A. There have been reports of Palestinians in the West Bank and Gaza cheering the attacks, and similar reports regarding Palestinians in the United States. Fox News has played over and over the same clip of some Palestinians in the occupied territories celebrating. But the media fails to explain that they are showing only a small minority of Palestinians and that official Palestinian sentiment has expressed its condemnation of the attacks and sympathy for the victims. The media have been especially remiss in not reporting such things as the statement issued by the Palestinian village of Beit Sahour movingly denouncing the terror, or the candlelight vigil in Arab East Jerusalem in memory of the victims.

There is no reason to doubt, however, that some Palestinians -- both in the U.S. and in the Middle East -- cheered the attacks. This is wrong, but it is also understandable. The United States has been the most important international backer of Israeli oppression of Palestinians. Some Palestinians, like the Americans who cheered the atomic bombing of Hiroshima or many lesser bombings, such as that of Libya in 1986, mindlessly ignore the human meaning of destroying an \"enemy\" target.

But that some Palestinians have reacted in this way, while disappointing and painful to watch, should have no bearing on our understanding of their oppression and the need to remedy it. In fact, given that Israel seems to be using the September 11 attacks as an excuse and a cover for increasing assaults on Palestinians, we need to press all the more vigorously for a just solution to the Israeli-Palestine conflict.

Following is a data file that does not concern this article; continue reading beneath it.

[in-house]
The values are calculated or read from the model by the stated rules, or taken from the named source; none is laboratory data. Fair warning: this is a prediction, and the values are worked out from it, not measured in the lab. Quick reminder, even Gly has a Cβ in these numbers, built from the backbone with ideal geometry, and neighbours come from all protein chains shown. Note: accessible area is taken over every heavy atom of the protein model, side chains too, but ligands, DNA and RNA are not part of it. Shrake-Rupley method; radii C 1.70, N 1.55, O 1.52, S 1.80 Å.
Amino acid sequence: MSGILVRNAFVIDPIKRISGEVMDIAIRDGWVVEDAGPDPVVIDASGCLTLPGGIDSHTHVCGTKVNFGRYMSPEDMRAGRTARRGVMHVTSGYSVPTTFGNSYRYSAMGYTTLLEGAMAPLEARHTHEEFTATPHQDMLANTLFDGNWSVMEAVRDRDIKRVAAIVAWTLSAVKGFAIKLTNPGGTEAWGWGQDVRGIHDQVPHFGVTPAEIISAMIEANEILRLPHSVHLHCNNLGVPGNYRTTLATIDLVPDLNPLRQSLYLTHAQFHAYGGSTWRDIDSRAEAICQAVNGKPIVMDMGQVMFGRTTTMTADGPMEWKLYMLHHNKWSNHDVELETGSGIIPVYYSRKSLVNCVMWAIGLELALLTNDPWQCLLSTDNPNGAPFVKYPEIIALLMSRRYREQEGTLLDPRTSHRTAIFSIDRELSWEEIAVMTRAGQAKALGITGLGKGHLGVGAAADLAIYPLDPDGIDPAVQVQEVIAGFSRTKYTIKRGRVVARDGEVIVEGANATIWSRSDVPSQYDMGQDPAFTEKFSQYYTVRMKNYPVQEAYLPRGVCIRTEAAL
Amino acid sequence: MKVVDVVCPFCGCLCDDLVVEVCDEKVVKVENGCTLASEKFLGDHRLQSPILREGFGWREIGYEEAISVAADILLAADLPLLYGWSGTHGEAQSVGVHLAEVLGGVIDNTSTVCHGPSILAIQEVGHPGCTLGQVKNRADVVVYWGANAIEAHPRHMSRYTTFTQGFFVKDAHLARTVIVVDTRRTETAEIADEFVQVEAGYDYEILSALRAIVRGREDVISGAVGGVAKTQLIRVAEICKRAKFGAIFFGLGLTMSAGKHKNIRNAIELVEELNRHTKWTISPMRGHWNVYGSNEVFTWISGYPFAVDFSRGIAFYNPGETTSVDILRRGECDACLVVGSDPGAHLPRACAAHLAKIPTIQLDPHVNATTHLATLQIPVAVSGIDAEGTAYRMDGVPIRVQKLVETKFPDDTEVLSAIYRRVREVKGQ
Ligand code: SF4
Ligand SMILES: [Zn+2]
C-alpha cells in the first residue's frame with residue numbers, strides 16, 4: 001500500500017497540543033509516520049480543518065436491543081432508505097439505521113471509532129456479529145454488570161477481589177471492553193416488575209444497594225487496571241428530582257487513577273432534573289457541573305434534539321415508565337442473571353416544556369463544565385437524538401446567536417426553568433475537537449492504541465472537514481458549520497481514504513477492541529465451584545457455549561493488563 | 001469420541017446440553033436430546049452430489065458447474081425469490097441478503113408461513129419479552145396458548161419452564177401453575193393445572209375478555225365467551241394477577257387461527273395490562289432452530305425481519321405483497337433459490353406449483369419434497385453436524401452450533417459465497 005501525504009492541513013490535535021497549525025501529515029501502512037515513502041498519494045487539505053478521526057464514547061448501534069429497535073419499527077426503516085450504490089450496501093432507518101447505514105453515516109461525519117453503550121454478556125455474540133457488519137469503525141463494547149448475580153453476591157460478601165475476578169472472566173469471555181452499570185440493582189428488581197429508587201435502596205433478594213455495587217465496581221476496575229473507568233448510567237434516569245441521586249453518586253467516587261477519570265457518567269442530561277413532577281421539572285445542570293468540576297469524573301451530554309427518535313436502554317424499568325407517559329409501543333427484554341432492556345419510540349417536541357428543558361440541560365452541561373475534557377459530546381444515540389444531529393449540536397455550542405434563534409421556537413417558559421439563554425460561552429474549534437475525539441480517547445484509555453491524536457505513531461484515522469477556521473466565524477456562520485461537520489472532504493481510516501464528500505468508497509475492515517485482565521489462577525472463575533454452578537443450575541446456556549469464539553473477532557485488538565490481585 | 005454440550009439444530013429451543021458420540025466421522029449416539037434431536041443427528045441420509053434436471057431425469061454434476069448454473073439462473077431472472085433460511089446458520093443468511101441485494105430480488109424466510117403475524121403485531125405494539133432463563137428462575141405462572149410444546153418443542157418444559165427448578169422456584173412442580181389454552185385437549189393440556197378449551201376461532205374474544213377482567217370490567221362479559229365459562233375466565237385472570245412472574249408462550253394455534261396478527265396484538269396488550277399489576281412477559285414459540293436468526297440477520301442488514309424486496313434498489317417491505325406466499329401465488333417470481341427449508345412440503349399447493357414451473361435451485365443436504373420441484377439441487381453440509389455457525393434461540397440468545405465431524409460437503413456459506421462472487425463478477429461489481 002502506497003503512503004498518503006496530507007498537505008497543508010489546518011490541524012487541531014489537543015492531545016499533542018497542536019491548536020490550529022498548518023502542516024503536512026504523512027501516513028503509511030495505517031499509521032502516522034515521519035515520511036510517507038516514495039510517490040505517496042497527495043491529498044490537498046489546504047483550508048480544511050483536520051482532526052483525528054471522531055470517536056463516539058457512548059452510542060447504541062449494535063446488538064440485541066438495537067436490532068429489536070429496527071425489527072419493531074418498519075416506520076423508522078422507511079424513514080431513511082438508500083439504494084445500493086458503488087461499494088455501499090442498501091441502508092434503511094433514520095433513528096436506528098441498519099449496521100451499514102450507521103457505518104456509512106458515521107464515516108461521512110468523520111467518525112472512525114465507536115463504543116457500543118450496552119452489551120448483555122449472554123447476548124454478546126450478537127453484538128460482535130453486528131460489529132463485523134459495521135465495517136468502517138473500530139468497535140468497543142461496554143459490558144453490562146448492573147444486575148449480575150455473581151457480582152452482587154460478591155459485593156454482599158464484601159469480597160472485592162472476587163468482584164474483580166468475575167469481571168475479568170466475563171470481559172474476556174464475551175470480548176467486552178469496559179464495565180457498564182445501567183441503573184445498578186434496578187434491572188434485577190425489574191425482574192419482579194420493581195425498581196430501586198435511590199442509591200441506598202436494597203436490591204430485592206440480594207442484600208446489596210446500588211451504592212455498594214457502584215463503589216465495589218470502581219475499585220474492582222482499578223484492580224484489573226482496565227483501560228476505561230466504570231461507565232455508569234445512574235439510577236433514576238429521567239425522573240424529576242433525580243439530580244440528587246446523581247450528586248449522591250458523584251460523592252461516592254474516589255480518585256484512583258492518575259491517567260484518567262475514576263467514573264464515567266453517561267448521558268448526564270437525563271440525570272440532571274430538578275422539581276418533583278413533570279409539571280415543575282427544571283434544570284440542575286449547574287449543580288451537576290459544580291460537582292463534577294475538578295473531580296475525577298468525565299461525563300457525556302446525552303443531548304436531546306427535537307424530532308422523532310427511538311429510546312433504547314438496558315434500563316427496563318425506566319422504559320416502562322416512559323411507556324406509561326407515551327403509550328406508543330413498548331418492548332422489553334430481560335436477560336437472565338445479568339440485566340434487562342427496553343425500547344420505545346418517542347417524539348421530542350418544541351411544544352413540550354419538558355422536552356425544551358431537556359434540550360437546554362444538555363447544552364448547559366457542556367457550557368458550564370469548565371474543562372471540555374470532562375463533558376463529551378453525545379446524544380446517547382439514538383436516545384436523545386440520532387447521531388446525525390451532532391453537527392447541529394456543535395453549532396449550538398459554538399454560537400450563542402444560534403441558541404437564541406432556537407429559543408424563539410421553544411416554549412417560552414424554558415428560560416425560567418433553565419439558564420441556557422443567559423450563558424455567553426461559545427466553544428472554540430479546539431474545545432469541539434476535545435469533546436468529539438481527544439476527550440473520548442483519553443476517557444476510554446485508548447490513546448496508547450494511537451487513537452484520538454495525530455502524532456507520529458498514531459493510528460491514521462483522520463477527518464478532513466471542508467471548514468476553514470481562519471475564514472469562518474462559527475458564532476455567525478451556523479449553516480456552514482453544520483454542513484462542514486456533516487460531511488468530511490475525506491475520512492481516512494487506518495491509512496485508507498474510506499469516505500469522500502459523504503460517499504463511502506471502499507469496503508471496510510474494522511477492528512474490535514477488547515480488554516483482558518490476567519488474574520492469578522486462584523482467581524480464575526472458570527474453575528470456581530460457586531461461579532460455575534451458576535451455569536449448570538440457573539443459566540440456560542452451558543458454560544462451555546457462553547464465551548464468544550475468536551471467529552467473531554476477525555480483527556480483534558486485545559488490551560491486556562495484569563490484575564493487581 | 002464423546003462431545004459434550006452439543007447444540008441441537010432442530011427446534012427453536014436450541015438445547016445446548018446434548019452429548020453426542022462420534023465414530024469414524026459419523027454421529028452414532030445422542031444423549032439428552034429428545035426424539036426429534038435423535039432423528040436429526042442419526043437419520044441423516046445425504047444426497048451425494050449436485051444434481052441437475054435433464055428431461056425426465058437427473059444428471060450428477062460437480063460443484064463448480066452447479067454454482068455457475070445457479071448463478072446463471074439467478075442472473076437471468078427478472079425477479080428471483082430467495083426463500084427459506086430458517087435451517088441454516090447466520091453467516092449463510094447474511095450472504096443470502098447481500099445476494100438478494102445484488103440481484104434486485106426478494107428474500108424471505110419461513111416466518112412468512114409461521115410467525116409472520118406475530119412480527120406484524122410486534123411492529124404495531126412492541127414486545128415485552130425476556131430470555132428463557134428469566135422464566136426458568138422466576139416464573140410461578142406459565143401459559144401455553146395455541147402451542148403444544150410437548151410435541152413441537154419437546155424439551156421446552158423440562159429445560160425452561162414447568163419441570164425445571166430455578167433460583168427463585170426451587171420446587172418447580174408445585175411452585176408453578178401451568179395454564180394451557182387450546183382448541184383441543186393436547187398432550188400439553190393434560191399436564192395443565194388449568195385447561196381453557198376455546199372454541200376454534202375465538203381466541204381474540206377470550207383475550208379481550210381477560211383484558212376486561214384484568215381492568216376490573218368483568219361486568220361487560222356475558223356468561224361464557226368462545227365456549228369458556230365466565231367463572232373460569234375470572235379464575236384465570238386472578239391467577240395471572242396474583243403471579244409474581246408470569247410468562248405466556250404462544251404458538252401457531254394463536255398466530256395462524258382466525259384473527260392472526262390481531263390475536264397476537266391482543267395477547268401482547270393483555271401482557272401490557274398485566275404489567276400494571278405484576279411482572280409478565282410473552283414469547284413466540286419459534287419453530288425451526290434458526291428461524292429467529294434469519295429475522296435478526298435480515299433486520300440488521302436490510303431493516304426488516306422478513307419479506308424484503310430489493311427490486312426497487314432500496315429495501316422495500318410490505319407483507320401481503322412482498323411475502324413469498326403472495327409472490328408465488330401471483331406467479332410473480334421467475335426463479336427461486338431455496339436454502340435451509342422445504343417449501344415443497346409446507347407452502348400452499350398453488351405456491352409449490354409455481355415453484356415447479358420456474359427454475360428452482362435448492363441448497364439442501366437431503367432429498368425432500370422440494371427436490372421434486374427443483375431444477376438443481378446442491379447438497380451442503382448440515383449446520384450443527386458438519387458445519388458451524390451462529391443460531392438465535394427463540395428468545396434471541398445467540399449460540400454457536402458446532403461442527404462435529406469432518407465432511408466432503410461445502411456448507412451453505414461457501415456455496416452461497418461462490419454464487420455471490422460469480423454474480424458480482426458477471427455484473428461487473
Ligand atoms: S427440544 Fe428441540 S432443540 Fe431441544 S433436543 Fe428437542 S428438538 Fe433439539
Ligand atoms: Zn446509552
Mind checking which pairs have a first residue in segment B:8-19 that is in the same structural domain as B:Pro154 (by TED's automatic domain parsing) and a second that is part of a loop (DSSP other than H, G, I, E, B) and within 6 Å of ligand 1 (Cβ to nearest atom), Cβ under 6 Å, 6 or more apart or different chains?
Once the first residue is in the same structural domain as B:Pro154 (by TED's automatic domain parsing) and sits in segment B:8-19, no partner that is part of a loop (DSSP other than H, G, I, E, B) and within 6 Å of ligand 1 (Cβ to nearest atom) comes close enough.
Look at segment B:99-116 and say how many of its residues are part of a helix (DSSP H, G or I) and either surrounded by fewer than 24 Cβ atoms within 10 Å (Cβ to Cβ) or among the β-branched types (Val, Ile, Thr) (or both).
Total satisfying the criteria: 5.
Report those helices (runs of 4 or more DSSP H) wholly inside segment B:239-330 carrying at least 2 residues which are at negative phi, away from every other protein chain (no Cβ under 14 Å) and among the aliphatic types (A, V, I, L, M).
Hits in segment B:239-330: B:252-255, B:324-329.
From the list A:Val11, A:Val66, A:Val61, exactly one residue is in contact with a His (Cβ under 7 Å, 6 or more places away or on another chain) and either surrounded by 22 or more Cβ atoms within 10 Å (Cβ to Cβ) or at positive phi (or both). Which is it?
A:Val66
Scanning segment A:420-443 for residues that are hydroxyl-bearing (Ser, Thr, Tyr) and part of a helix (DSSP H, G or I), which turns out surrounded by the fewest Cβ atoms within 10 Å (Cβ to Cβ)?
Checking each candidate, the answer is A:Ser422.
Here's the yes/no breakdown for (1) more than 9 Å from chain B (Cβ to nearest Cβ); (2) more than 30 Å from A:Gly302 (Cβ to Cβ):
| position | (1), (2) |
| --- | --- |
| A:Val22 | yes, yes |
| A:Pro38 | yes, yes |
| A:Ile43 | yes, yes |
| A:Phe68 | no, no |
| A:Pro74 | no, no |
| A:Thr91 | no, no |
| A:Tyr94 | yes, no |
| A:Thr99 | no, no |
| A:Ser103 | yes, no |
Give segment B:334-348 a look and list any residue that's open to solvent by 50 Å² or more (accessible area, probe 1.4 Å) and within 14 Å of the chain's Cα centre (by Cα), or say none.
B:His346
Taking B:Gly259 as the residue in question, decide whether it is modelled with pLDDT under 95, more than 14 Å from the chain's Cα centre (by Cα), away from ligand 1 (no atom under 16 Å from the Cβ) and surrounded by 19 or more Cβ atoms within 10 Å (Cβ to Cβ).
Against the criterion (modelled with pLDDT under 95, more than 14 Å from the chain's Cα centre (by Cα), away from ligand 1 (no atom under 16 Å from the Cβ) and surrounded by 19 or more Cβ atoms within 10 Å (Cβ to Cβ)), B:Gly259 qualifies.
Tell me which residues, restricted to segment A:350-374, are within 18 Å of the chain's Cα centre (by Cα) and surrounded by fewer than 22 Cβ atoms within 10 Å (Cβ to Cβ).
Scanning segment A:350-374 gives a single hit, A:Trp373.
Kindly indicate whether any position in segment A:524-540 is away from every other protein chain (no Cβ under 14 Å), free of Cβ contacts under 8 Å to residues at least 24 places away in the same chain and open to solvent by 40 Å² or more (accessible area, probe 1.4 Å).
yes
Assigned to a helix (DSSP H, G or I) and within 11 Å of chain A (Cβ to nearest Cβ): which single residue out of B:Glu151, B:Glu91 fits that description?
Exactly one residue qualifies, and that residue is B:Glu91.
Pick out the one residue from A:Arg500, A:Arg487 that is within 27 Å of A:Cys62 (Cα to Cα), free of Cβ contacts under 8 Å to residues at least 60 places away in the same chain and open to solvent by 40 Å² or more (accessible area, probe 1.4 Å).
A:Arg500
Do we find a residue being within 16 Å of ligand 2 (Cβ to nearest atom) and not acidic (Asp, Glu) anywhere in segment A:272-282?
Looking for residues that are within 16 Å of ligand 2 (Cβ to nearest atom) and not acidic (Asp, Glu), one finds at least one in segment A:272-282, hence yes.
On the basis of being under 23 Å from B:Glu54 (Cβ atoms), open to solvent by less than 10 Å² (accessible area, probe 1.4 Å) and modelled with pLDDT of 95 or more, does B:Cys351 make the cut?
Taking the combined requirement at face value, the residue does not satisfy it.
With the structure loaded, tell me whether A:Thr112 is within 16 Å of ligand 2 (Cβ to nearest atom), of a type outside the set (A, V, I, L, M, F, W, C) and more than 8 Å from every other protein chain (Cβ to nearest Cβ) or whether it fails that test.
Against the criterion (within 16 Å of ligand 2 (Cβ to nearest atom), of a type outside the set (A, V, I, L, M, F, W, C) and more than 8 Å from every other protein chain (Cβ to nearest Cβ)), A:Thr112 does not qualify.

Q. What is the likely impact of the attacks within the U.S. policymaking establishment?

A. The catastrophic character of these events provides a perfect excuse for reactionary elements to pursue every agenda item that they can connect to \"the war against terrorism\" and that they can fuel by fanning fears in the population. This obviously includes expanding military expenditures that have nothing whatever to do with legitimate security concerns and everything to do with profit-seeking and militarism. For example, even though the events of September 11 should have shown that \"national missile defense\" is no defense at all against the most likely threats we face, already the Democrats are beginning to drop their opposition to that destabilizing boondoggle. Amazingly, certain elements will even extrapolate to social issues. For example, our own home grown fundamentalists -- like Jerry Falwell -- have actually declared (though retracted after wide criticism) that abortion, homosexuality, feminism, and the ACLU are at fault. Others hope to use the attacks as a rationale for eliminating the capital gains tax, a long-time right-wing objective. But the main focus will be military policy. In coming weeks, in short, we will see a celebration in America, a celebration of military power, a celebration of a massive arms build-up, and perhaps assassinations, all touted as if the terror victims will be honored rather than defiled by our preparing to entomb still more innocent people around the world.

Q. So what is the likely U.S. response?

A. U.S. policymaking regarding international relations (and domestic relations as well) is a juggling act. On one side, the goal is enhancing the privilege, power, and wealth of U.S. elites. On the other side, the constraint is keeping at bay less powerful and wealthy constituencies who might have different agendas, both at home and abroad.